"He was no common soldier, though he knew it not. Had the Seti remained he would have out-generalled the Imperial forces, and had his bodyguard been a fraction of an instant faster, would have proven victorious over the Guard as well. He would have made High Fist and risen to become one of the greatest commanders ever thrown up by the Empire. But all that potential died here today, unrealized. Known to none."


Anyone familiar with Erikson will know that that paragraph recapitulating all the clues would have been reduced to a few cryptic sentences that hinted at though not confirmed identity. It's an example of Esslemont's less sure touch and less confidence in his audience.

Another quibble I have is that in a 1,000+ page book, I never got close to any one character. Just when readers begin to identify with someone - Kyle; Nait, a Malazan sabateur; Hurl, an Imperial in Li Heng; or Rillish and Talia, Imperials who find themselves on the Wickan side of the pogroms - the POV shifts and we never spend enough "quality" time with them. This is a problem, too, with Erikson. The only amelioration is that we've got at least three more volumes in the series and, hopefully, we'll get to know them better in the future.

The most frustrating character in this respect is Laseen. For me, Laseen has always occupied an ambiguous place. On the one hand, she's always been presented as cold, cruel, ruthless bitch. She assassinated Kellanved and Dancer; exiled the old guard (later assassinating many); and embroiled the empire in three exhausting wars (Genebackis, Seven Cities, Korelri), alienating most of the empire's elite. Yet...she made it possible for Dujek and Caladan Brood to unite against the Pannion Domin; she convinced Kalam that it was not in the interests of the empire to kill her; and she commands the loyalty of some surprising people, such as Tavore. In RCG, Esslemont tries to convey the sheer physical presence and control Laseen exerts. It's a classic example, though, of making a greater impact by "showing" how the Empress affected people rather than "telling," as the author resorts to. Laseen's ambiguous role is made even moreso as we've learned more about Kellanved's rule - in a word, he's insane and Malaz was just a stepping stone in a scheme to ascend. But she's murdered - assassinated just as her armies triumph - by a white-haired women who steps out of a Warren to stab her in the heart. (In this case, Esslemont doesn't explain who she is, so her identity and allegiance remain a mystery.) (This being the Malazan Empire and Laseen being Laseen, who survived a century in Kellanved's company, it's very possible she's not as "dead" as it appears.)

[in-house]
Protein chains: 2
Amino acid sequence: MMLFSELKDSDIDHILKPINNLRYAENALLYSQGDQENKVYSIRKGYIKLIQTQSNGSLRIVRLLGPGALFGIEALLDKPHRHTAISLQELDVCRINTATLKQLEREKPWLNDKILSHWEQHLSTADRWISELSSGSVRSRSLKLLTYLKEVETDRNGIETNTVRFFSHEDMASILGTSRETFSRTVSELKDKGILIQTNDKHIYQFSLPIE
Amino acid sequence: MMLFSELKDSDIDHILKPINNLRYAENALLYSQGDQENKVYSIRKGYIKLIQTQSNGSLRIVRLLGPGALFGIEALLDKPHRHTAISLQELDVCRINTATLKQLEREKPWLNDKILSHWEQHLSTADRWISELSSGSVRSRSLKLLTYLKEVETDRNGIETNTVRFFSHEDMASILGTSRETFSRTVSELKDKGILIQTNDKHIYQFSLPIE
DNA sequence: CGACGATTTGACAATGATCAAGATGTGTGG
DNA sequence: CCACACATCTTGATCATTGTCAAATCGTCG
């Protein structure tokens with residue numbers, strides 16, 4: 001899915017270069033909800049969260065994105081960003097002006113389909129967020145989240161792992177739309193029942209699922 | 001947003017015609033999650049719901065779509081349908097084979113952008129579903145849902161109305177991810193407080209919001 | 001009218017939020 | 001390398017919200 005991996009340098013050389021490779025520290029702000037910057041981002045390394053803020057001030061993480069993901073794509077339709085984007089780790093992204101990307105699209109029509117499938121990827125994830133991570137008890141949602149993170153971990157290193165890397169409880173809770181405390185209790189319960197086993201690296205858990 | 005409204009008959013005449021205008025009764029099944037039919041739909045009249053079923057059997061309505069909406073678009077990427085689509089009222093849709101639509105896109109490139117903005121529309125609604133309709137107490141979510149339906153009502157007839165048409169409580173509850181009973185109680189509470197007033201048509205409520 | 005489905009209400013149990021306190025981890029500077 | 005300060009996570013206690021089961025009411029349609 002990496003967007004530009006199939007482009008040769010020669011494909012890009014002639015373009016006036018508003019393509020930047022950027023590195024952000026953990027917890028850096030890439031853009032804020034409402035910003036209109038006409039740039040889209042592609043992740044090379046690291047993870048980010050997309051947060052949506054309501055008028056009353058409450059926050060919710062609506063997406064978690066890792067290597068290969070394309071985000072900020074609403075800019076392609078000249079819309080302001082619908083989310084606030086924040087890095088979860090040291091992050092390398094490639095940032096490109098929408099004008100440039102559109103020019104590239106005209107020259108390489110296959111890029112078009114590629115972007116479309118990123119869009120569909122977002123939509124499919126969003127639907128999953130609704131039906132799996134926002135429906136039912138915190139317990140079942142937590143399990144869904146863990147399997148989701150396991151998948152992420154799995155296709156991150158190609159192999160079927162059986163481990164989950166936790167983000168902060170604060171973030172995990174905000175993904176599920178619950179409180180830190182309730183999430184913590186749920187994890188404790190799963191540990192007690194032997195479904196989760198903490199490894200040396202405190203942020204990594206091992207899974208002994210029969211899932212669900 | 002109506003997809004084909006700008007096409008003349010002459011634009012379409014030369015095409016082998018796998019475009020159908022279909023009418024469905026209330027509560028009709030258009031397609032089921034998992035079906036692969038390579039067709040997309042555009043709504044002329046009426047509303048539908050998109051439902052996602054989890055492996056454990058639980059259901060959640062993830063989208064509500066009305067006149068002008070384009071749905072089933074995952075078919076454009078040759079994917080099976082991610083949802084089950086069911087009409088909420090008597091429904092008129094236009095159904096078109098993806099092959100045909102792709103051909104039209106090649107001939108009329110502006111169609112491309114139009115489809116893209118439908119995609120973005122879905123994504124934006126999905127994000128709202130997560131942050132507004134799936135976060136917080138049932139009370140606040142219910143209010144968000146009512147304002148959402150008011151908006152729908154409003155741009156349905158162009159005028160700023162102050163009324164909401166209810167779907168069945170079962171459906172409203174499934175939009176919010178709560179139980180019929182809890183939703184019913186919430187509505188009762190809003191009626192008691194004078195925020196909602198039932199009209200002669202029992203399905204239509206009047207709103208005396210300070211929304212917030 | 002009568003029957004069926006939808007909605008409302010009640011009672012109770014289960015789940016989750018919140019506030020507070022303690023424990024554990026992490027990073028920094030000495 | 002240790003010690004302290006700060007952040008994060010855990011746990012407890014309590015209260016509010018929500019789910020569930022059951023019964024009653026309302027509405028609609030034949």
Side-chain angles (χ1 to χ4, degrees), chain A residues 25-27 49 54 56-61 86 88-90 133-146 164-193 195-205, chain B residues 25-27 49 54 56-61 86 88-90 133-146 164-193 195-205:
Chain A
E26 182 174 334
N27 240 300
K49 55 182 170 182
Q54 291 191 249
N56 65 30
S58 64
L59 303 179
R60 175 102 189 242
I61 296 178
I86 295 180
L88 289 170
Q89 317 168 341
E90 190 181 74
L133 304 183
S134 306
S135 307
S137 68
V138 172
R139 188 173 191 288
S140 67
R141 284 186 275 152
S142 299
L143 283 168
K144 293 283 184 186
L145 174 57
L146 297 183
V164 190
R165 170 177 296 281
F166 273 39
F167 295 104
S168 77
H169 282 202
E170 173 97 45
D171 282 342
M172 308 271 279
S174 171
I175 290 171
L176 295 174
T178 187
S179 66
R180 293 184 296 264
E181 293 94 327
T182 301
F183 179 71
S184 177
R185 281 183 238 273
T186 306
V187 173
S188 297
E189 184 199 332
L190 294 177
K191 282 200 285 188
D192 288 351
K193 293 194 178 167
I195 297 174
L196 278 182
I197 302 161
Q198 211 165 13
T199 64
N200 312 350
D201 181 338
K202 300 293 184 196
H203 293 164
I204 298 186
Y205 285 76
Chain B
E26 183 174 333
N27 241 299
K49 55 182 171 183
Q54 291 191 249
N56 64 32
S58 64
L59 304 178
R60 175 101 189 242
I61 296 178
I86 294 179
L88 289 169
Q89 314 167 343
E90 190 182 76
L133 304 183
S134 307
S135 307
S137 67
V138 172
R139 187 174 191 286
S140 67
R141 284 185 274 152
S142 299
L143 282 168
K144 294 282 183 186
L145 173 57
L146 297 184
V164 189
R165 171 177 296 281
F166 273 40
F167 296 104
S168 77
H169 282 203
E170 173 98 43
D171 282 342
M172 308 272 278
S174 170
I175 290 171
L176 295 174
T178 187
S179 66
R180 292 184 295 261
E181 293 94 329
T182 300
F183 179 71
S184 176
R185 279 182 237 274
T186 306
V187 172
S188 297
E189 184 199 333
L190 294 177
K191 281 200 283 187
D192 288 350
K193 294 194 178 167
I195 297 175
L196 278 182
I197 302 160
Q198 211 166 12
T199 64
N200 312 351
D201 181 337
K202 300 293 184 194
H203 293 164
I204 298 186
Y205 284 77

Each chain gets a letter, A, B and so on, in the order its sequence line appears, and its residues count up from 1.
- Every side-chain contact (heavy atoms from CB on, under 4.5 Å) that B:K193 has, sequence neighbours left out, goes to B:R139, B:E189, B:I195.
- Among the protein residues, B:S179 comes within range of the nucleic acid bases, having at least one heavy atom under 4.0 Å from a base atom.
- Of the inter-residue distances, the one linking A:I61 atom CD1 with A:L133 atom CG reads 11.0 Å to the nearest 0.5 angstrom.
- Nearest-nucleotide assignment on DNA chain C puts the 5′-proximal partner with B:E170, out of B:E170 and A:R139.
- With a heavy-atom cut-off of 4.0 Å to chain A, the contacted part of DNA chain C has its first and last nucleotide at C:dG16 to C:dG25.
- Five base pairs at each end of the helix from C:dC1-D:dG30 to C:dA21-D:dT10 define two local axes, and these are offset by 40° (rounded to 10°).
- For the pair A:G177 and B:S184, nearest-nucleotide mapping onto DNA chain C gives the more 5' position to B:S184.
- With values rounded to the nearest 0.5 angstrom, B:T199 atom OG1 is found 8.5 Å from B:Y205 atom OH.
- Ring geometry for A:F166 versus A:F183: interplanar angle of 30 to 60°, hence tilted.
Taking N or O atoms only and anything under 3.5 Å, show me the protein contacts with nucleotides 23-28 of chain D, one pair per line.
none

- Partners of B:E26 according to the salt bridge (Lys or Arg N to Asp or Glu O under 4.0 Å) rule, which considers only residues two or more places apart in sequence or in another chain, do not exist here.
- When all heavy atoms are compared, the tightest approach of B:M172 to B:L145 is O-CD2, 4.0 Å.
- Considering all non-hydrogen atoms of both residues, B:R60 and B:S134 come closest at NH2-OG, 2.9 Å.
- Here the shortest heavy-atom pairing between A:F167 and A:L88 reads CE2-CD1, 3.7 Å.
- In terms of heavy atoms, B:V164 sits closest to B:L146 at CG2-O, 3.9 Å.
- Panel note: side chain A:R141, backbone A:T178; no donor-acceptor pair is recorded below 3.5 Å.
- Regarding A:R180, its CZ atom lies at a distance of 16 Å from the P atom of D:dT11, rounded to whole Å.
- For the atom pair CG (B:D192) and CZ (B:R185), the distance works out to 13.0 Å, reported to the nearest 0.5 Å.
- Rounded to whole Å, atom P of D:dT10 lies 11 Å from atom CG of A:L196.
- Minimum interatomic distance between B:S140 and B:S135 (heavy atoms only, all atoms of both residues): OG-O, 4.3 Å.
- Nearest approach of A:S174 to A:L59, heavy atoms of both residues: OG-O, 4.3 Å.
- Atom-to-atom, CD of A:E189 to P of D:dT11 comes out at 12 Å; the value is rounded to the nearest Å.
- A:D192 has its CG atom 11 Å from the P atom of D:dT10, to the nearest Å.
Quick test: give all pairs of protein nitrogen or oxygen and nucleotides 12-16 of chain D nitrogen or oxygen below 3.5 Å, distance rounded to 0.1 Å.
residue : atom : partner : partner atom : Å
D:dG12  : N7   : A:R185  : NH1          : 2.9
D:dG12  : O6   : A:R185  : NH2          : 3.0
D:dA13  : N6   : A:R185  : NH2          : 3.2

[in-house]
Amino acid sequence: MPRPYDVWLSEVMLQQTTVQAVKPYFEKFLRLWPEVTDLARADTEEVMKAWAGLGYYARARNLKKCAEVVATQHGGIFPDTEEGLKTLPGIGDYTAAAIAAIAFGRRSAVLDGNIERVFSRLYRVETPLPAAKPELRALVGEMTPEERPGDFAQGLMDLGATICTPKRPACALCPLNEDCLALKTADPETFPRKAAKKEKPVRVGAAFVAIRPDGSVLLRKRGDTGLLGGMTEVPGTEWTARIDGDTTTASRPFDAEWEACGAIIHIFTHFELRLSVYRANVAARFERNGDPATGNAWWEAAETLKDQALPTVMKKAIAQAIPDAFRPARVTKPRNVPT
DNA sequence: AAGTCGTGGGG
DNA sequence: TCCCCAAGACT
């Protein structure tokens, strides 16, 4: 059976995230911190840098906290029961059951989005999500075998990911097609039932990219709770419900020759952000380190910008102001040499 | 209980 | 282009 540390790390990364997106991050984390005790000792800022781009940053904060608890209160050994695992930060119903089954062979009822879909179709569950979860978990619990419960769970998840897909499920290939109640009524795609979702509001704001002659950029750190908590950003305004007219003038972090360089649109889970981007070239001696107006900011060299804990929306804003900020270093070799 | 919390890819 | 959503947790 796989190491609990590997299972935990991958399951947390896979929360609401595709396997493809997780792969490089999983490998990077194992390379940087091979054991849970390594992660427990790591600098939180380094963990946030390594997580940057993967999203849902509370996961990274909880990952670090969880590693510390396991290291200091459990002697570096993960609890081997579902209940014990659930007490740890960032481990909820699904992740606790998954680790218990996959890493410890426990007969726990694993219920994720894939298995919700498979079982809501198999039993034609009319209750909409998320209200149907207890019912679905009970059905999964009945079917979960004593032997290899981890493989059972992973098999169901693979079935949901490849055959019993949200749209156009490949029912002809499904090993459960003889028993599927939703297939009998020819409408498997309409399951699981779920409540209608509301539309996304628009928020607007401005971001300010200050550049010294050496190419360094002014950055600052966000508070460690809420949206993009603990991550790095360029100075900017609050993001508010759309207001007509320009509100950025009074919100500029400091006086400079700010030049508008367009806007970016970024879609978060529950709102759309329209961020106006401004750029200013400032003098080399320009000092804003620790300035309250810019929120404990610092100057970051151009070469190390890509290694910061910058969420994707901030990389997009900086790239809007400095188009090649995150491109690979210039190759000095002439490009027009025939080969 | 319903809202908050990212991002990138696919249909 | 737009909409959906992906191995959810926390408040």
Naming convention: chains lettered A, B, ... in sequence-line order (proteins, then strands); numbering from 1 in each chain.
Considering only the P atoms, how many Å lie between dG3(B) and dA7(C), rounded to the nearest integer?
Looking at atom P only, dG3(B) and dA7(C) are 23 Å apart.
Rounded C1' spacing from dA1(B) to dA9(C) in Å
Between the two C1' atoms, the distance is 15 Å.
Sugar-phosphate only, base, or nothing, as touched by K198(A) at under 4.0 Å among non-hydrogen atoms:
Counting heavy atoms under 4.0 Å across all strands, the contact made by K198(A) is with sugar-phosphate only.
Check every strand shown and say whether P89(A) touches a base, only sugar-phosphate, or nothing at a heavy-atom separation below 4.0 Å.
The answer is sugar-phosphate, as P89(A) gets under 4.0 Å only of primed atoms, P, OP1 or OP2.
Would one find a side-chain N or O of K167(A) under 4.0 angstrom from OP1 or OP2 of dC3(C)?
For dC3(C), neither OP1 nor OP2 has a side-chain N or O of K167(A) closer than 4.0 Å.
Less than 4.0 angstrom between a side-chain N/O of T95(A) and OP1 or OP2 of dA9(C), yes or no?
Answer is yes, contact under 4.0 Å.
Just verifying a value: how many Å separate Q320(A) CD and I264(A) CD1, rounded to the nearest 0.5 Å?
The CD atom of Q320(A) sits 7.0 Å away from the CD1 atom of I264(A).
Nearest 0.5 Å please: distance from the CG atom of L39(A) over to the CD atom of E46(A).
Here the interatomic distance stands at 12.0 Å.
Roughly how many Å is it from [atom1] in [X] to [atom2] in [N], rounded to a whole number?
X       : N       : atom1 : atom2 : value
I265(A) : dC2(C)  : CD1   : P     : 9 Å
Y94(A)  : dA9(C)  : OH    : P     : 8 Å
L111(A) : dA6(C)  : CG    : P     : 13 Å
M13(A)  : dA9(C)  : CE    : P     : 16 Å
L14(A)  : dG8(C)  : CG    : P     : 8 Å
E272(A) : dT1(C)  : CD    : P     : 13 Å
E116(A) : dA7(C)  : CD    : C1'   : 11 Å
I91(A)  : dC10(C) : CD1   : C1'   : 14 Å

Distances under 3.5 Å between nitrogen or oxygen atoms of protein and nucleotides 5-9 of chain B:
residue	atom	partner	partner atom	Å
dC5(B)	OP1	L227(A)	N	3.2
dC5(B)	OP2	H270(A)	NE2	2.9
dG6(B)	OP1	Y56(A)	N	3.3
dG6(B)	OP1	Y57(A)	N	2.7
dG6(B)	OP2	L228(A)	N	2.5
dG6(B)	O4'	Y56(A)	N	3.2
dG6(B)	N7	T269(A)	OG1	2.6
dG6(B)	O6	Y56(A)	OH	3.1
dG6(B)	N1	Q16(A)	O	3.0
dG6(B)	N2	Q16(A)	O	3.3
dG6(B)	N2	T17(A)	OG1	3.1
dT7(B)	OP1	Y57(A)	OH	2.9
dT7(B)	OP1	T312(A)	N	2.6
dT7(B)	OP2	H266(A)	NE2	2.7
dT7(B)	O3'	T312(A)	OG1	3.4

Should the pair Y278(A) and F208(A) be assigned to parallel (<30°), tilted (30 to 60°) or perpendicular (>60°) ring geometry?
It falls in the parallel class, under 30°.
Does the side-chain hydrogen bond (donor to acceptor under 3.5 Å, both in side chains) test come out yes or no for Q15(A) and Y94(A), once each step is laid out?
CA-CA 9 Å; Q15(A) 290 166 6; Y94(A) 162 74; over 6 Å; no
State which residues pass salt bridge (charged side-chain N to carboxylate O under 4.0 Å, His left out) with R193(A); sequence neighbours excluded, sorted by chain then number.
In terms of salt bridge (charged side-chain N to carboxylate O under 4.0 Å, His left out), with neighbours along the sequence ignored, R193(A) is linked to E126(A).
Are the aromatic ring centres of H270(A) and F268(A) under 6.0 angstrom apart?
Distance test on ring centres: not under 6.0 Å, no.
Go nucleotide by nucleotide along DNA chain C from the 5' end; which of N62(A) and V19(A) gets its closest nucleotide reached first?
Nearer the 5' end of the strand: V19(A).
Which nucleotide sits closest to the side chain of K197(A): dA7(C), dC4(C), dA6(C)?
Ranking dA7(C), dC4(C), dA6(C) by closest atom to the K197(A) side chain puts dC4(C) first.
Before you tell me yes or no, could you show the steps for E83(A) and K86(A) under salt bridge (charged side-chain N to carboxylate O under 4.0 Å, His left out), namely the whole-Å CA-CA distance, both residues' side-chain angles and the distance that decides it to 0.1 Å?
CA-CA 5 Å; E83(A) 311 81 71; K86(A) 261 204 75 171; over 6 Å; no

I don't want to leave the impression that I didn't enjoy the book (most of these quibbles arose upon reflection - immersed in reading, I was having too much fun). Esslemont is a good writer. He knows how to tell his story and keeps the reader entertained, with only a few stumbles. One of the strengths of RCG is that the author does manage to keep the focus on one major story with a few detours to set us up for future books. I compare Erikson and Esslemont to Patrick O'Brian, of Aubrey/Maturin fame, and Bernard Cornwall, of Richard Sharpe fame. Both are writing of the Napoleonic Wars (one from the British Navy's perspective, the other from its Army's) and both have created memorable characters. Cornwall, however, while good is just not quite as good as O'Brian. The same dynamic seems to be developing, for me, beween Erikson and Esslemont.

Definitely recommended to those already enspelled by Whiskeyjack, Anomander Rake, Trull Sengar, Karsa Orlong and all their compatriots. If you're not, you should begin with Erikson and get hooked before tackling Esslemont.